A Look at the History Behind Stock Photography
We are so used to stock photography that we don’t ever stop to think about how it all started in the first place. It’s so easy now to just log on to Freepik, Unsplash or Rawpixel and download the photos we need.
The history of stock photography started as a solution to the high costs of professional photographers and their services. During the early 20th century, magazines and newspapers used illustrations to visualize the stories they printed. As they moved on to photography, the cost of having in-staff photographers sparked the idea of having photo banks readily available for print publications.
Today we will look at the evolution of stock photography, from the first image by H. Armstrong Roberts to the digital free stock libraries we know today.
The first stock photo
The first ever photograph which can be considered as stock is an image of a group of people in front of an airplane. This was a photograph was taken by H. Armstrong Roberts sometime between the 1920s and 1930s. What made this photo different was that he got model releases from the participants, giving the photographer rights to do sell the photo to any media outlet, even more than once. This was just the beginning of what was to come
The photo is still available on the Alamy Stock Photo site and it’s quite costly!
The first collections
After that first photo, more and more print media agencies started using stock photography to save costs. Photographers saw the opportunity to make money a different way and went for it. Some of the most famous archives were at first photographs by one single photographer. Such is the case with The Bettmann Archive, a collection of photos taken by Otto Bettmann.
Bettmann was a Jewish photographer who ran from Europe during World War II. He arrived in New York with suitcases full of photographs and slides. These became the basis of the greatest photo archive of the era. LIfe magazine used many of them. Not so long ago the archive with over 16 million images – including Bettmann’s originals – is now owned by Bill Gates.
From the 1940s to the 80’s more great photography archives grew steadily as more media outlets needed photos. During the first half of the 20th century, photo archives were mostly directed at photojournalism. They were snippets into the life of real people or snapshots of historic events.
In the 1960s, Tony Stone started an archive of art-directed photos. This was a new direction for stock photography and came with a new business style in which the image could be licensed many times to many outlets as long as they gave the photographer details about where it was used. Tony Stone’s archived then became Getty Images and you know how huge that is!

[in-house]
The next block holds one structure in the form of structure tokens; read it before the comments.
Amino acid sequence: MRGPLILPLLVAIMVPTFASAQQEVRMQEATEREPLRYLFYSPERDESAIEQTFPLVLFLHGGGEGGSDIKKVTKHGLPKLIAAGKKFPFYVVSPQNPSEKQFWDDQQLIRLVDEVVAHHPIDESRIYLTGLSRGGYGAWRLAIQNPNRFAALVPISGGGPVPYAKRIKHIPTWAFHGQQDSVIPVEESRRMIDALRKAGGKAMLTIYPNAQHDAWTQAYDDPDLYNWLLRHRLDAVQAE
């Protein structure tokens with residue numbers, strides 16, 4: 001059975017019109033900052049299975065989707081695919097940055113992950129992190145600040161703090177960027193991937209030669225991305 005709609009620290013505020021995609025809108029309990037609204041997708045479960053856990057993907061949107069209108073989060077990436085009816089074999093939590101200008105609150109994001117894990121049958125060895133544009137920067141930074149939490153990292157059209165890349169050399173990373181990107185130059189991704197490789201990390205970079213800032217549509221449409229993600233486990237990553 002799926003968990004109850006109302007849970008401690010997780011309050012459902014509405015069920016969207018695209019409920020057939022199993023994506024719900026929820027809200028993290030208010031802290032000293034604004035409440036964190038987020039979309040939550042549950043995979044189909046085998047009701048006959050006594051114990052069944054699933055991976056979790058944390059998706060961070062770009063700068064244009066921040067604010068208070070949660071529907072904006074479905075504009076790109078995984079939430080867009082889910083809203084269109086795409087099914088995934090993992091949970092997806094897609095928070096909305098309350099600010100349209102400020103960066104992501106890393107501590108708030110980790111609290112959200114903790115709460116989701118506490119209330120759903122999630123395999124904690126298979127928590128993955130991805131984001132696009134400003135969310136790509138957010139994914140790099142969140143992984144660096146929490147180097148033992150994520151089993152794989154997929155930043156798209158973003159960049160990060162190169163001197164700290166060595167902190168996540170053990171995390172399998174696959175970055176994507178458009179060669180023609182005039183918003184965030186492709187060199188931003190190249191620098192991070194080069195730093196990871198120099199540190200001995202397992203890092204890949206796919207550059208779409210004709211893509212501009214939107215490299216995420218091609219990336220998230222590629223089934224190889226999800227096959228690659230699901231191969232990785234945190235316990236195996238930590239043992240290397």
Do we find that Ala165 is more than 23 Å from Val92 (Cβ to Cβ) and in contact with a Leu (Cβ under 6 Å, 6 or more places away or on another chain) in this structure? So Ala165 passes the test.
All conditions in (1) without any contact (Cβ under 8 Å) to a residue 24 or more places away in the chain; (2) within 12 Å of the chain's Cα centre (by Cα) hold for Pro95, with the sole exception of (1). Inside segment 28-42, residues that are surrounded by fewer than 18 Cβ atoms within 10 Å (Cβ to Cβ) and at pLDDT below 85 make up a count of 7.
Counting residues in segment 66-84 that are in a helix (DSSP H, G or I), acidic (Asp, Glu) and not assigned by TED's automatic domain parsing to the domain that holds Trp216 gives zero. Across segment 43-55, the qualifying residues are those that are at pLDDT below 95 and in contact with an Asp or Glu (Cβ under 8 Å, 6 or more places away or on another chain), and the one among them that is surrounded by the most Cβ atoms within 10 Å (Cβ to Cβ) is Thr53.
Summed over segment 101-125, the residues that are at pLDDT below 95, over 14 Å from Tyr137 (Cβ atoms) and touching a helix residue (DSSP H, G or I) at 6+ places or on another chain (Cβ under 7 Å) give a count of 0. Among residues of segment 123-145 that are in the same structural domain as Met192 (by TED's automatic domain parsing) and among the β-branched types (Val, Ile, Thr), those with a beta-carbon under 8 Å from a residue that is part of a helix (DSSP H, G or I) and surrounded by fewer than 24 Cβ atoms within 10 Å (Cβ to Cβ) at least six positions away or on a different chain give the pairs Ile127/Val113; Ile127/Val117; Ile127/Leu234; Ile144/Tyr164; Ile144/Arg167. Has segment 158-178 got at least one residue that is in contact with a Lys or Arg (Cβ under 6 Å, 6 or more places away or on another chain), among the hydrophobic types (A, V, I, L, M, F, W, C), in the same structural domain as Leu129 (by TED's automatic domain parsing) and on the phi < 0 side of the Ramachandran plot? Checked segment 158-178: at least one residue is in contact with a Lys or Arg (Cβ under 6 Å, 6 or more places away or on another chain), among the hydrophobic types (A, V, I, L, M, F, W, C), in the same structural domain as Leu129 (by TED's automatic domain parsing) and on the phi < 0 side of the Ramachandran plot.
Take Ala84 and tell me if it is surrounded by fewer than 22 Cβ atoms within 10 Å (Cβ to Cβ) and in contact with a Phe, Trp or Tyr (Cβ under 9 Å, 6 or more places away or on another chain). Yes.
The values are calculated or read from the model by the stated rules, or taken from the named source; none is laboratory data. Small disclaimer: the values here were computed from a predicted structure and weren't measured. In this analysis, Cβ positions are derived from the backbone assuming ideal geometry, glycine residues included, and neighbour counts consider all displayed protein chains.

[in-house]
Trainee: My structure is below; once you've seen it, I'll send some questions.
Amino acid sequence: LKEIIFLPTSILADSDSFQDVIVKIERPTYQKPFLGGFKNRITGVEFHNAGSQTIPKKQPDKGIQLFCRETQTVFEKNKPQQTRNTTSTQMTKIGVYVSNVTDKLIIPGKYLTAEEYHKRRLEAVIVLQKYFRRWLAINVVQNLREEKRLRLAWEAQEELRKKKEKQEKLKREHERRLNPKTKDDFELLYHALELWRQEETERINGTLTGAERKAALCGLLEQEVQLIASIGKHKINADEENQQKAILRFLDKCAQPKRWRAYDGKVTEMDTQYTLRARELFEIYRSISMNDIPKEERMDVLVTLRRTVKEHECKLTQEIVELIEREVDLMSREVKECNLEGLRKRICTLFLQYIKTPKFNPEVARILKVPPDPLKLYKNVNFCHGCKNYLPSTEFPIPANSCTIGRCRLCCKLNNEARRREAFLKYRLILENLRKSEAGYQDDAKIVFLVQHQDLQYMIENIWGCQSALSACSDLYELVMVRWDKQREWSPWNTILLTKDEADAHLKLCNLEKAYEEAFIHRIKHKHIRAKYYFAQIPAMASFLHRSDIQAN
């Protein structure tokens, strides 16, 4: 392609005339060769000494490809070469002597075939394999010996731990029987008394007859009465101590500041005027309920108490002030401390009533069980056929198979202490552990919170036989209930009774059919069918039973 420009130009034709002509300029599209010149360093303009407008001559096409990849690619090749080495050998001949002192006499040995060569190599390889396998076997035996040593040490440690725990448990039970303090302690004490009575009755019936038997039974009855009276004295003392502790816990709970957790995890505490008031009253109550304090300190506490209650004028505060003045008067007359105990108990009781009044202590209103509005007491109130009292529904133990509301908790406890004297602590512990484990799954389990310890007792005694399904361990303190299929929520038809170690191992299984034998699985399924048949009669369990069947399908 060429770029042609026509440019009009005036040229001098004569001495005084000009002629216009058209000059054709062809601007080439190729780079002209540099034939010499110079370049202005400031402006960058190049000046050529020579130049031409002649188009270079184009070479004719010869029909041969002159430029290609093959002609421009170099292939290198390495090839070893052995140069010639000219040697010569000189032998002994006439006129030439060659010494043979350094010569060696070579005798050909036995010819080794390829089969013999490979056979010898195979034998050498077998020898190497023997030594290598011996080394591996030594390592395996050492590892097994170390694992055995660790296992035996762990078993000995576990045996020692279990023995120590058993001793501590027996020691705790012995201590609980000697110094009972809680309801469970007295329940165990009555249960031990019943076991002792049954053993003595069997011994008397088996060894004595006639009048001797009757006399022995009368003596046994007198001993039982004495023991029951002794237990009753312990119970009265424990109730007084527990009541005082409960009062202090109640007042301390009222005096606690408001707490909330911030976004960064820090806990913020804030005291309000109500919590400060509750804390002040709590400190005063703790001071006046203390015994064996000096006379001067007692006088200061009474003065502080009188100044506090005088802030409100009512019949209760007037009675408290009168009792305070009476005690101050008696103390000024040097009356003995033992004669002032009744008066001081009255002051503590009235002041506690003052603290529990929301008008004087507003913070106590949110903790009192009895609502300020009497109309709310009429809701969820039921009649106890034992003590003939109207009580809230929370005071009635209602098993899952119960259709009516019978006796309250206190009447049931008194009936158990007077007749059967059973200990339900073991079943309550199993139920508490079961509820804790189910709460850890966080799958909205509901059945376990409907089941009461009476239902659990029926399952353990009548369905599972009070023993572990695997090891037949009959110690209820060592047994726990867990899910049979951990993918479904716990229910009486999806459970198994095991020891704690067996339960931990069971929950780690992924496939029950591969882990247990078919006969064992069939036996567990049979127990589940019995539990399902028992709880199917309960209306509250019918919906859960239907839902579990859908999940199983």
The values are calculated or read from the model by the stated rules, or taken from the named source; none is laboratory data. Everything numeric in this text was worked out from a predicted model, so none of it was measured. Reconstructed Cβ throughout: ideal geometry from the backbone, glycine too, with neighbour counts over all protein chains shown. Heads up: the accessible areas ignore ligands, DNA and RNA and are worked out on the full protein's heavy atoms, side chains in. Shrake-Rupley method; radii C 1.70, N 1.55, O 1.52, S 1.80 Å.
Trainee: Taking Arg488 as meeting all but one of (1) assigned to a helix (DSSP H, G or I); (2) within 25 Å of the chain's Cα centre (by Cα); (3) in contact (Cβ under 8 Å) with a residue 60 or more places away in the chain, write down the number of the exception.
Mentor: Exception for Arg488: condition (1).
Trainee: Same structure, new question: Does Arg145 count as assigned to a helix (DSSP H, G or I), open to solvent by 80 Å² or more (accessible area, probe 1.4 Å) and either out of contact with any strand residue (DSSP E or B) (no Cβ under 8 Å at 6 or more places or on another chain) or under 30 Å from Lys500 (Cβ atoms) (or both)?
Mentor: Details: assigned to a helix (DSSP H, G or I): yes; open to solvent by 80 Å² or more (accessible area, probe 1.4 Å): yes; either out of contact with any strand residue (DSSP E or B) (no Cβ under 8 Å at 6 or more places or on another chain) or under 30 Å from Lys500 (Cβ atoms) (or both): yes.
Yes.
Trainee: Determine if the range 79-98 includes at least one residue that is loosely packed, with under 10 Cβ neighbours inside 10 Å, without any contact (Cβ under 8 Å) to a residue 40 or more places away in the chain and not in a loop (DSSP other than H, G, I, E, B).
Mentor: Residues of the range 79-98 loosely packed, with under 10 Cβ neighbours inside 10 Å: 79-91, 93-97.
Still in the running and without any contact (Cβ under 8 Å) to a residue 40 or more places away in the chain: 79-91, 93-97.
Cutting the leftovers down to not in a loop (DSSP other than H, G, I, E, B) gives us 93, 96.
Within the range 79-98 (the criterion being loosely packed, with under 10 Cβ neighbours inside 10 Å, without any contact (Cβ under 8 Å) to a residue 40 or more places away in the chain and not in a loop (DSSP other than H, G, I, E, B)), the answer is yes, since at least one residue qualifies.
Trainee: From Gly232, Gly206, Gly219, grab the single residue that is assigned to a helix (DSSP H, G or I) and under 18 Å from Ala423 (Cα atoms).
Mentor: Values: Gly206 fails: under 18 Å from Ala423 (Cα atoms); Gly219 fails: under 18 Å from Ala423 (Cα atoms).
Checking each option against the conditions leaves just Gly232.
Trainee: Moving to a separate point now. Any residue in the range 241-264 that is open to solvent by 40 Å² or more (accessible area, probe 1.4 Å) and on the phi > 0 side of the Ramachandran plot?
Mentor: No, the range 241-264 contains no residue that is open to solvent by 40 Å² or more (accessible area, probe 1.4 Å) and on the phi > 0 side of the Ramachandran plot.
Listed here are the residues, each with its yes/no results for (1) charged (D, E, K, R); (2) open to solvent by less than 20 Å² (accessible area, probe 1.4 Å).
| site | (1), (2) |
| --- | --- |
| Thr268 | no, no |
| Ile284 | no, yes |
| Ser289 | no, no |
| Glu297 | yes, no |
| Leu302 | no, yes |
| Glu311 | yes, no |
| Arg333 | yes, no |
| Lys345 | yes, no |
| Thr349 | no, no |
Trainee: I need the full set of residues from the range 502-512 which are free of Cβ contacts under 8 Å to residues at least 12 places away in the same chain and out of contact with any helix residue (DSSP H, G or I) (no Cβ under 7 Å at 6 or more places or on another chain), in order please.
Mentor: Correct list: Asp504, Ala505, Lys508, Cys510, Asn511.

When things go digital
Before the 1980s, photo archives were kept as prints and negative film. When a journalist wanted an image they would consult the printed catalog which their agency received every year and then would receive the printed image to add to their page setup.
The first digital stock photography came along with a new set of rules. Agencies could buy a CD-ROM full of images and by paying once could use any of them, any amount of times without having to tell the photo archivists where it was used.
If an agency wanted to license a photo so that only they could use it and no one else, there was a hefty fee. Some agencies chose to do that when it was less expensive than hiring a photographer.
Stock Photography as we know it
With the rise of the internet, stock photography took a whole new meaning. There was so much out there to choose from! But what happened was that a lot of the new stuff was pretty much terrible. Lots of stock photography “for businesses” was just the worst! They were staged badly and then also used over and over by many different companies.
As the variety of people that needed stock photography veered away from photojournalism and towards bloggers and small businesses, new stock photography started to appear. A more creative, natural, and more appealing style.
Sites like Unsplash, where every photo is free, made a huge difference in the stock photography space. When it first started, I remember there was only like 10 free photos with 10 new ones every month. Now it’s a monster and everyone loves it.
How do you use stock photography?
Are you a regular user of stock photography? Did you know you can still find stock photography from before it all went digital? Check out the site, Historical Stock Photos and you can find lots of resources for vintage stock photography.